Enabling cooperation between electricity consumers

The following post was written by Julien Flaig, a masters student from Grenoble Institute of Technology that worked with us during the fall of 2013. Feel free to follow Julien on twitter.

 

The TV turns off right during the final sprint of the cross-country skiing competition! On your home island, electricity demand periodically exceeds the supply capacity—yielding troublesome power outages. The local utility has planned to build a new transmission line but it will only be operational in few years. By then, wouldn’t it be convenient to organize with your neighbours so that everyone can watch their favourite TV programs carefree?

Following power markets restructure, decentralization of energy systems has been made technically possible by breakthroughs in the fields of renewables, energy storage and I.T. Energy consumers are now able to control their consumption while producing and storing energy.

New market players called ‘aggregators’ are emerging in Europe. They are dedicated to optimizing the electricity demand of a cluster of consumers. For instance, in order to keep the demand under the transmission capacity in a region.

Such demand response aggregators reward the consumers who grant them electricity consumption flexibility e.g. those accepting to have their space heating slightly reduced when needed. The aggregator is paid in turn by the utility for the load optimization service they provide.

 

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Let us summarize: Cooperation between electricity consumers is legal, and technically feasible. Yet, having the best technology available—super-fast computer networks, and ultra-efficient windmills and batteries—does not tell you how and when to use it! When should I store energy? When is it better to sell power on the market? How much? Which appliance should I turn on or off? When exactly?

At eSmart Systems, we are investigating methods to solve this decision problem, which is harder than it may seem.

This kind of problem has been widely studied and is known to be difficult to solve when some decisions are represented by binary—turning on or off an appliance—or discrete variables. If the number of decisions to be made is too high, the problem becomes extremely long to solve. Pretty annoying when you want to make decisions fast to be as close as possible from real time. This was our first challenge.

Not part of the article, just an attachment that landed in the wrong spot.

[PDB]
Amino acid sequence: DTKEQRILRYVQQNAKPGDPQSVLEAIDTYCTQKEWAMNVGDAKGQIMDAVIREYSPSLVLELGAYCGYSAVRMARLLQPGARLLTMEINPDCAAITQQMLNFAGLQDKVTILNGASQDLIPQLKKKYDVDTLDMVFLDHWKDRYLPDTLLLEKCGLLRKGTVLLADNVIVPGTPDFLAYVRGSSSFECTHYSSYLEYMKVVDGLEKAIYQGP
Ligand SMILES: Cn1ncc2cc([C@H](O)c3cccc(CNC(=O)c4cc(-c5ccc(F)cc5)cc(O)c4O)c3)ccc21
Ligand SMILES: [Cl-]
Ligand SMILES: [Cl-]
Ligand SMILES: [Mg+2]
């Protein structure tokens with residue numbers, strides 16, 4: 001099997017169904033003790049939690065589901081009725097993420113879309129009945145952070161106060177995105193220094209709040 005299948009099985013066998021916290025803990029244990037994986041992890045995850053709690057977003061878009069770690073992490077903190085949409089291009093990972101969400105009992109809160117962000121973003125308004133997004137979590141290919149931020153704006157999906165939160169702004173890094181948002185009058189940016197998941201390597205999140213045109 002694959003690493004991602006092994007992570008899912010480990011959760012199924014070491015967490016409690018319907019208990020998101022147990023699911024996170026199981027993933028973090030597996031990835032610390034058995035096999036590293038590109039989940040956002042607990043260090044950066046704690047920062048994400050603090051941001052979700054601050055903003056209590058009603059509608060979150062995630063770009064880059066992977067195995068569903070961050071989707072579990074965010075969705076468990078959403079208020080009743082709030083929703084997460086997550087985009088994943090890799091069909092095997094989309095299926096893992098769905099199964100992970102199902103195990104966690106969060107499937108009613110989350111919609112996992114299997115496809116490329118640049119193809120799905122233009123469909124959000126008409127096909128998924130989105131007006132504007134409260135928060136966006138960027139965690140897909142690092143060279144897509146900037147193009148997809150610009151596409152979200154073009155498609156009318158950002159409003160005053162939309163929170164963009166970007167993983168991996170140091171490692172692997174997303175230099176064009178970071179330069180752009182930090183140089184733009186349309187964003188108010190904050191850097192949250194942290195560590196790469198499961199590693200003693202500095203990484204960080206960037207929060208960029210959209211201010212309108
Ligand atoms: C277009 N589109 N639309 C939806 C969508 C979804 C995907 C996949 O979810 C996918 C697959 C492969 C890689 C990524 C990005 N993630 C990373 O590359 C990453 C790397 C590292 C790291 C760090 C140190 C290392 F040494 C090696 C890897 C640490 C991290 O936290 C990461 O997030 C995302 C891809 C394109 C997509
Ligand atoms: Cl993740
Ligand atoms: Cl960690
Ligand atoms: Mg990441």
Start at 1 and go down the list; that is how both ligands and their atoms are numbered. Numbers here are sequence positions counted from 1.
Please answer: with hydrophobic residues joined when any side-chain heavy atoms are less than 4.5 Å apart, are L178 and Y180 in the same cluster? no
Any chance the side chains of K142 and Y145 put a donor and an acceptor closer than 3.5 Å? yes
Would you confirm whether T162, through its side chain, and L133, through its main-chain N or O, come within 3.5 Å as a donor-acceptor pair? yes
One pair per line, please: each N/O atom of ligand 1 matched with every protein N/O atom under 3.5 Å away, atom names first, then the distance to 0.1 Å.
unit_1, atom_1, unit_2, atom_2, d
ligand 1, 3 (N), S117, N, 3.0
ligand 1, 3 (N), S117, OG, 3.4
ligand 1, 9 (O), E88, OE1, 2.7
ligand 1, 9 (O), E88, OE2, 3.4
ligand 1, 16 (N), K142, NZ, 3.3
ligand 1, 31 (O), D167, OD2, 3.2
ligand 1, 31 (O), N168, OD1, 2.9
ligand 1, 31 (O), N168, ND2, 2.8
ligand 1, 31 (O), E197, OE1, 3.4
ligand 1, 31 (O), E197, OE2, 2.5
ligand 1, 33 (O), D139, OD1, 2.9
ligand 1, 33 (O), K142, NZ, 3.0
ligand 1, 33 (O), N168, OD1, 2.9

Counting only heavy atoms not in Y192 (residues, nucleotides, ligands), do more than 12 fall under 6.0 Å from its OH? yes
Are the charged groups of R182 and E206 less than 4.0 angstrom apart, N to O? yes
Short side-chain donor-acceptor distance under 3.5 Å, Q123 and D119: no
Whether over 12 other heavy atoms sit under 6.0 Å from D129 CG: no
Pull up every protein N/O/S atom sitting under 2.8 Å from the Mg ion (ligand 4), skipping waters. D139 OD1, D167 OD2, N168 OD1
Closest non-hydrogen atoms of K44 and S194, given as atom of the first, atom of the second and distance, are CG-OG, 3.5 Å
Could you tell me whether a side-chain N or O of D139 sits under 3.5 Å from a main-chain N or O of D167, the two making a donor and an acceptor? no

As you may have guessed, there is another issue bringing complexity to our problem: uncertainty. Decisions are to be made in advance but the value of some parameters such as a windmill’s production can’t be known in advance.

A typical approach to tackle uncertainty is to consider worst or mean situations. However, in our case, this would have yielded bad decisions or even got the problem impossible to solve. We overcame the uncertainty issue by implementing a method based on the way uncertain values are actually getting known over time.

This method takes into account a series of possible scenarios simultaneously, which results in huge models… with a lot of binary and discrete variables (remember the first challenge we mentioned).

My master’s project at eSmart was to model the problem in a way that would make it easier to solve and then, well, solve it!

I worked at the Norwegian branch of the company in Halden with Stig Ødegaard Ottesen. My Academic advisors were Prof. Bernard Ruffieux from my home university and Prof. Asgeir Tomasagard from the Norwegian University of Science and Technology where I had spent a greatly fulfilling exchange semester.

Halden is no doubt the place to be if you want to work on the power market in Norway. Major research facilities are located there as well as companies and a cluster dedicated to smart energy markets. Still, the city remains idyllic and close to nature. The result is this pioneering spirit you can only find in relatively small but cutting edge communities—perhaps the best working environment you can dream of.

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